6. Knocking on Heaven’s Door: The Path to a Better Way of Death, by Katy Butler (Scribner, $25)
  7. Lost Girls: An Unsolved American Mystery, by Robert Kolker (Harper, $25.99)
  8. Madness, Rack, and Honey: Collected Lectures, by Mary Ruefle (Wave Books, $25)
  9. Miss Anne in Harlem: The White Women of the Black Renaissance, by Carla Kaplan (Harper, $28.99)
  10. Thank You for Your Service, by David Finkel (Farrar, Straus & Giroux, $26)
  11. This Town: Two Parties and a Funeral — Plus Plenty of Valet Parking! — in America’s Gilded Capital, by Mark Leibovich (Blue Rider, $27.95)
  12. Wave, by Sonali Deraniyagala (Knopf, $24)

There’s also:

  • The Most of Nora Ephron, a collection of her essays (Knopf, $35)
  • A Story Lately Told: Coming of Age in Ireland, London, and New York, by Anjelica Huston (Scribner, $25)

Stay tuned, dear blog readers.  Stay tuned.

Adding to the Reading List

With any luck, self will get to the following books, eventually. Not in 2015, probably, since her reading pace is positively glacial. But hopefully, if she’s still alive and in full possession of her marbles in a couple of years — say, in 2017 — she may be able to give the following classics a shot (The only one she’s read before is Moby Dick. And she read that — all 900+ pages of it — when she was just starting in the Stanford Creative Writing Program. Why she felt it was important to understand Melville before she could take herself seriously as a writer is beyond her)

  • Jane Austen’s Emma
  • Herman Melville’s Moby Dick (Self is really looking forward to the Ron Howard adaptation because, after all, Chris Hemsworth!)
  • Gustave Flaubert’s Sentimental Education
  • Laurence Sterne’s Tristram Shandy
  • Herman Melville’s short fiction
  • Baudelaire’s Les Fleurs du Mal
  • Thomas Hardy’s Jude the Obscure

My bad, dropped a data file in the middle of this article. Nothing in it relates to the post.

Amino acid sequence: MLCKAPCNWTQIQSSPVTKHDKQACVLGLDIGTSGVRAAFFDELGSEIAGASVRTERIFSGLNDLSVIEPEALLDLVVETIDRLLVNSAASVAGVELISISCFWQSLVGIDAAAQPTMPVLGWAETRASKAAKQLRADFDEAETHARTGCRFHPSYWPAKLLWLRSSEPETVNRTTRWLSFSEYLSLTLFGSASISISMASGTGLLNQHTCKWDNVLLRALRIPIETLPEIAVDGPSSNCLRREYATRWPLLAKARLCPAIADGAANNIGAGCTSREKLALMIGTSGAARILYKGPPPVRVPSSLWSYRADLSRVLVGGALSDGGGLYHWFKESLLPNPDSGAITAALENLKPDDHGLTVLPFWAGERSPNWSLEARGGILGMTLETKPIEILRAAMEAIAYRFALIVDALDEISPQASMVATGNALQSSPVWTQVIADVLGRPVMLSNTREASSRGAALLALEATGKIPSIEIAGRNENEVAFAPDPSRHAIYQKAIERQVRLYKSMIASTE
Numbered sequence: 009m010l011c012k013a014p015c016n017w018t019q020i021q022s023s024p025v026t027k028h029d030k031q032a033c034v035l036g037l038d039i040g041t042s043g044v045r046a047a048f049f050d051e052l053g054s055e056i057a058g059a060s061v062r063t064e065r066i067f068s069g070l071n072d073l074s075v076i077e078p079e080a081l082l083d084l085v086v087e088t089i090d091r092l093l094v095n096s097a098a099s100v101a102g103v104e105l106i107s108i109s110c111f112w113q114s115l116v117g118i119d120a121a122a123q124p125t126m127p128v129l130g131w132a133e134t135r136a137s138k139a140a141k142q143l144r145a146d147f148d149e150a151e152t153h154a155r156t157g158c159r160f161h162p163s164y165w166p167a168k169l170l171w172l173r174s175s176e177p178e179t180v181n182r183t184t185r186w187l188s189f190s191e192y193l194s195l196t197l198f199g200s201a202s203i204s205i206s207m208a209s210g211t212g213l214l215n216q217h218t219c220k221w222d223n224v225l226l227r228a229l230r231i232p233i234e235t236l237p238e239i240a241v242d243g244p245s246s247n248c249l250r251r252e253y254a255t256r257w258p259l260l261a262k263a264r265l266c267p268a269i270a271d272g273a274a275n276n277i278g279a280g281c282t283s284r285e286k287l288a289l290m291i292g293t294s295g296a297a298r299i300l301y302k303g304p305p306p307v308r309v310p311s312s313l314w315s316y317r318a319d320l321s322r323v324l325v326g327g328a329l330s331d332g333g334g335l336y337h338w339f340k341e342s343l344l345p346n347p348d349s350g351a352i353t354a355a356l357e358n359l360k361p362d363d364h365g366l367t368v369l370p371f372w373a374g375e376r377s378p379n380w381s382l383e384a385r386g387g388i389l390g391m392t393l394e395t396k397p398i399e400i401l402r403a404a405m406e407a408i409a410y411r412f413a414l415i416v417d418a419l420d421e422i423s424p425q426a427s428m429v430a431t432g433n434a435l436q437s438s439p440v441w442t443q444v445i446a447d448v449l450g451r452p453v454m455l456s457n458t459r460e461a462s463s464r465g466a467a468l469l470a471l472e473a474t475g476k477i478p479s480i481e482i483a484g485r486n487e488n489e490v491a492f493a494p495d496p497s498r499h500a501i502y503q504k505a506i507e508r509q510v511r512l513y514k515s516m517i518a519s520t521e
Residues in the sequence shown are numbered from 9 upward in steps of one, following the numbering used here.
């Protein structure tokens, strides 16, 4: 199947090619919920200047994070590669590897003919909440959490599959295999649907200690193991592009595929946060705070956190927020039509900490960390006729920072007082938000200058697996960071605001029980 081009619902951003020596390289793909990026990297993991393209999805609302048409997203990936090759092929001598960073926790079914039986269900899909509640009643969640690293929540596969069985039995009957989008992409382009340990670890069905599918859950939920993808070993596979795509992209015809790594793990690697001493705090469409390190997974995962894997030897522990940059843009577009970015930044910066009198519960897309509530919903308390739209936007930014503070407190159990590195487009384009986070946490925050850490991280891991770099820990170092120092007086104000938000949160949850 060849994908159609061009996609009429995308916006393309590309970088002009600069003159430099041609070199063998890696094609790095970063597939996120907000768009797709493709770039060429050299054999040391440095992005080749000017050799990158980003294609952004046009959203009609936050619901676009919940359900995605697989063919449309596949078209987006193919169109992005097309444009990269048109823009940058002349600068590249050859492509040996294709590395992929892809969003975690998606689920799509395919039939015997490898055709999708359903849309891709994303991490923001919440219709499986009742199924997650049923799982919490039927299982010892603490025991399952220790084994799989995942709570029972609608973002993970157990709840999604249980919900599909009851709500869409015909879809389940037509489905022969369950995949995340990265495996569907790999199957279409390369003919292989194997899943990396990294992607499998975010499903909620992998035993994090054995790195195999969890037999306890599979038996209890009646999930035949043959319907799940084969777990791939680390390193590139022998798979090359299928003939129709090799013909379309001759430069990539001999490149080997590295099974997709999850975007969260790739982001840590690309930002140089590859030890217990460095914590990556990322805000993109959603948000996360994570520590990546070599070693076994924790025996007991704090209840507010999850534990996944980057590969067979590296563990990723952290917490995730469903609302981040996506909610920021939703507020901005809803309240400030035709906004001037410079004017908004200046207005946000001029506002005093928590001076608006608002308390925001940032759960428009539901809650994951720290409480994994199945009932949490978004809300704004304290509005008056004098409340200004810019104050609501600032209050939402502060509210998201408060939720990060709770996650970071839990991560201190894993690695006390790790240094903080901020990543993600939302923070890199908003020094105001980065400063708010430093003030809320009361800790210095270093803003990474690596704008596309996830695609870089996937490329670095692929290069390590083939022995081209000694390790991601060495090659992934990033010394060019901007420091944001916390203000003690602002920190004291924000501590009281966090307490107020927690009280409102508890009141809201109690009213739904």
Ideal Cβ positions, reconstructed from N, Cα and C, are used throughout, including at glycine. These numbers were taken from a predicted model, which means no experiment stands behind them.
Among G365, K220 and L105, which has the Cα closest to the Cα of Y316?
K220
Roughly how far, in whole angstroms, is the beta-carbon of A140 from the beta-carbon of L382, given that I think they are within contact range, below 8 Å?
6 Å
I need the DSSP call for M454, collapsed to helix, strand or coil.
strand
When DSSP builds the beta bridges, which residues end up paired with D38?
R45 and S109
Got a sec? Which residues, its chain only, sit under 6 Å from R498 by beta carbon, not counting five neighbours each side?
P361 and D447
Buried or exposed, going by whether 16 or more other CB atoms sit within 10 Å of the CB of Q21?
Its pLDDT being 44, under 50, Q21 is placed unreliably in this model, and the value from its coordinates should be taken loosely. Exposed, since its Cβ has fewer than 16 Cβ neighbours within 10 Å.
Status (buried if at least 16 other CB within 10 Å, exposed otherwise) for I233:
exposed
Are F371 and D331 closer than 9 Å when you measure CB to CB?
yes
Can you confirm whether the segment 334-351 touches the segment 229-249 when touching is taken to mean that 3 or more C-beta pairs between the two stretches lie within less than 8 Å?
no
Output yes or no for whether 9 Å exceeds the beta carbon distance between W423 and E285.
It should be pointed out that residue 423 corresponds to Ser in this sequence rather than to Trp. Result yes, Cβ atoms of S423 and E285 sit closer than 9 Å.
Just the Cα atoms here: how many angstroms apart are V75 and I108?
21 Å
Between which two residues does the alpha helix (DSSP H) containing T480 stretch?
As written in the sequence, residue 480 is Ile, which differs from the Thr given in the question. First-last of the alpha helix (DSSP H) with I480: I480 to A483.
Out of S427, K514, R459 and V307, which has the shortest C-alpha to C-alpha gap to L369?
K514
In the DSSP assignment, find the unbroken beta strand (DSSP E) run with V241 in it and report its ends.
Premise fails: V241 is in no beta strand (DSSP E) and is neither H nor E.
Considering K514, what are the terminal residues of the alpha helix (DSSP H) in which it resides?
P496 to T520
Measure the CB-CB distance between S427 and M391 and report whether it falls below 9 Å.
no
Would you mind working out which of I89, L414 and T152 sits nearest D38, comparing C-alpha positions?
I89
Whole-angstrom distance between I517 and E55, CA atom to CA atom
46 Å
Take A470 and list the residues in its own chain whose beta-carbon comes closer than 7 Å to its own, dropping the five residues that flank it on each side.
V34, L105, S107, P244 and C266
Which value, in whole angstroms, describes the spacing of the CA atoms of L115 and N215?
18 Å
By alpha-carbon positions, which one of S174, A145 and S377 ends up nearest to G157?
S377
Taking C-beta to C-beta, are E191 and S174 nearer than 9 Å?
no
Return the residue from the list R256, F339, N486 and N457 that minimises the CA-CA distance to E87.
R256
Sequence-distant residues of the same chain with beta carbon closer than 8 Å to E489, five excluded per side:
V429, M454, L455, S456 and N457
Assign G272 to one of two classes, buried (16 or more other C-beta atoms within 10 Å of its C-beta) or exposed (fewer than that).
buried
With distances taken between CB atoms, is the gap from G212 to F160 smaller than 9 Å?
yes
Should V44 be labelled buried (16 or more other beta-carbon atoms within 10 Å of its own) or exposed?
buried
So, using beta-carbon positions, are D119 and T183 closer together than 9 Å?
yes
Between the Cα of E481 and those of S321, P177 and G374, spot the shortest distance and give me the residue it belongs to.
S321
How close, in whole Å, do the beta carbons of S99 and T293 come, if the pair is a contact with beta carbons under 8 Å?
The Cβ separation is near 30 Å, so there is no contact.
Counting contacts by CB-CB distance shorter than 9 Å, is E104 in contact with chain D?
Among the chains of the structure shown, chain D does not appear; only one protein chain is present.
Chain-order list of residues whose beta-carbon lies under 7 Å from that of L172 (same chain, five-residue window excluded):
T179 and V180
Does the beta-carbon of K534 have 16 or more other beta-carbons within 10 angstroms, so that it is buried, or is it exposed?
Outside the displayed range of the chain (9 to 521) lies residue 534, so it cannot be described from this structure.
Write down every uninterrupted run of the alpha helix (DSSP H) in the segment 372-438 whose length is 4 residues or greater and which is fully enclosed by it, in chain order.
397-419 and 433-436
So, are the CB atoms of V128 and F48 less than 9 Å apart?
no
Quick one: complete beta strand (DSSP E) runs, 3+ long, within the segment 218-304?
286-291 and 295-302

And here are the books of 2014 that rocked self’s world:

  • Rebecca West’s Black Lamb and Grey Falcon
  • Haruki Murakami’s The Wind-Up Bird Chronicle
  • William Maxwell’s So Long, See You Tomorrow

Stay tuned, dear blog readers.  Stay tuned.

 

 

 

 

Very Briefly: Some Books Reviewed in the April 24, 2014 Issue of The New York Review of Books

Pile of stuff, people.  Pile of stuff.

Self is thinking of adding the following books to her reading list (Publisher information, when available, will appear in parentheses)

  • The Formation of Vegetable Mould Through the Action of Worms, by Charles Darwin
  • Jelly-Fish, Star-Fish, and Sea-Urchins: Being a Research on Primitive Nervous Systems, by George John Romanes
  • Dept. of Speculation, by Jenny Offill (Knopf, $22.95)
  • Middlemarch, by George Eliot
  • My Life in Middlemarch, by Rebecca Mead (Crown, $25)

*     *     *     *

As for what self is reading currently, it’s Donna Leon’s About Face, which she is enjoying much more than the previous Donna Leon she read, Death and Judgment.

She’s decided to add Roberto Bolaño’s 2666 and Denis Johnson’s Tree of Smoke to her 2015 reading list, which currently includes these books:

Woman With Birthmark, by Hakan Nesser (a new Swedish mystery writer — that is, new in the sense that she’s only just discovered him)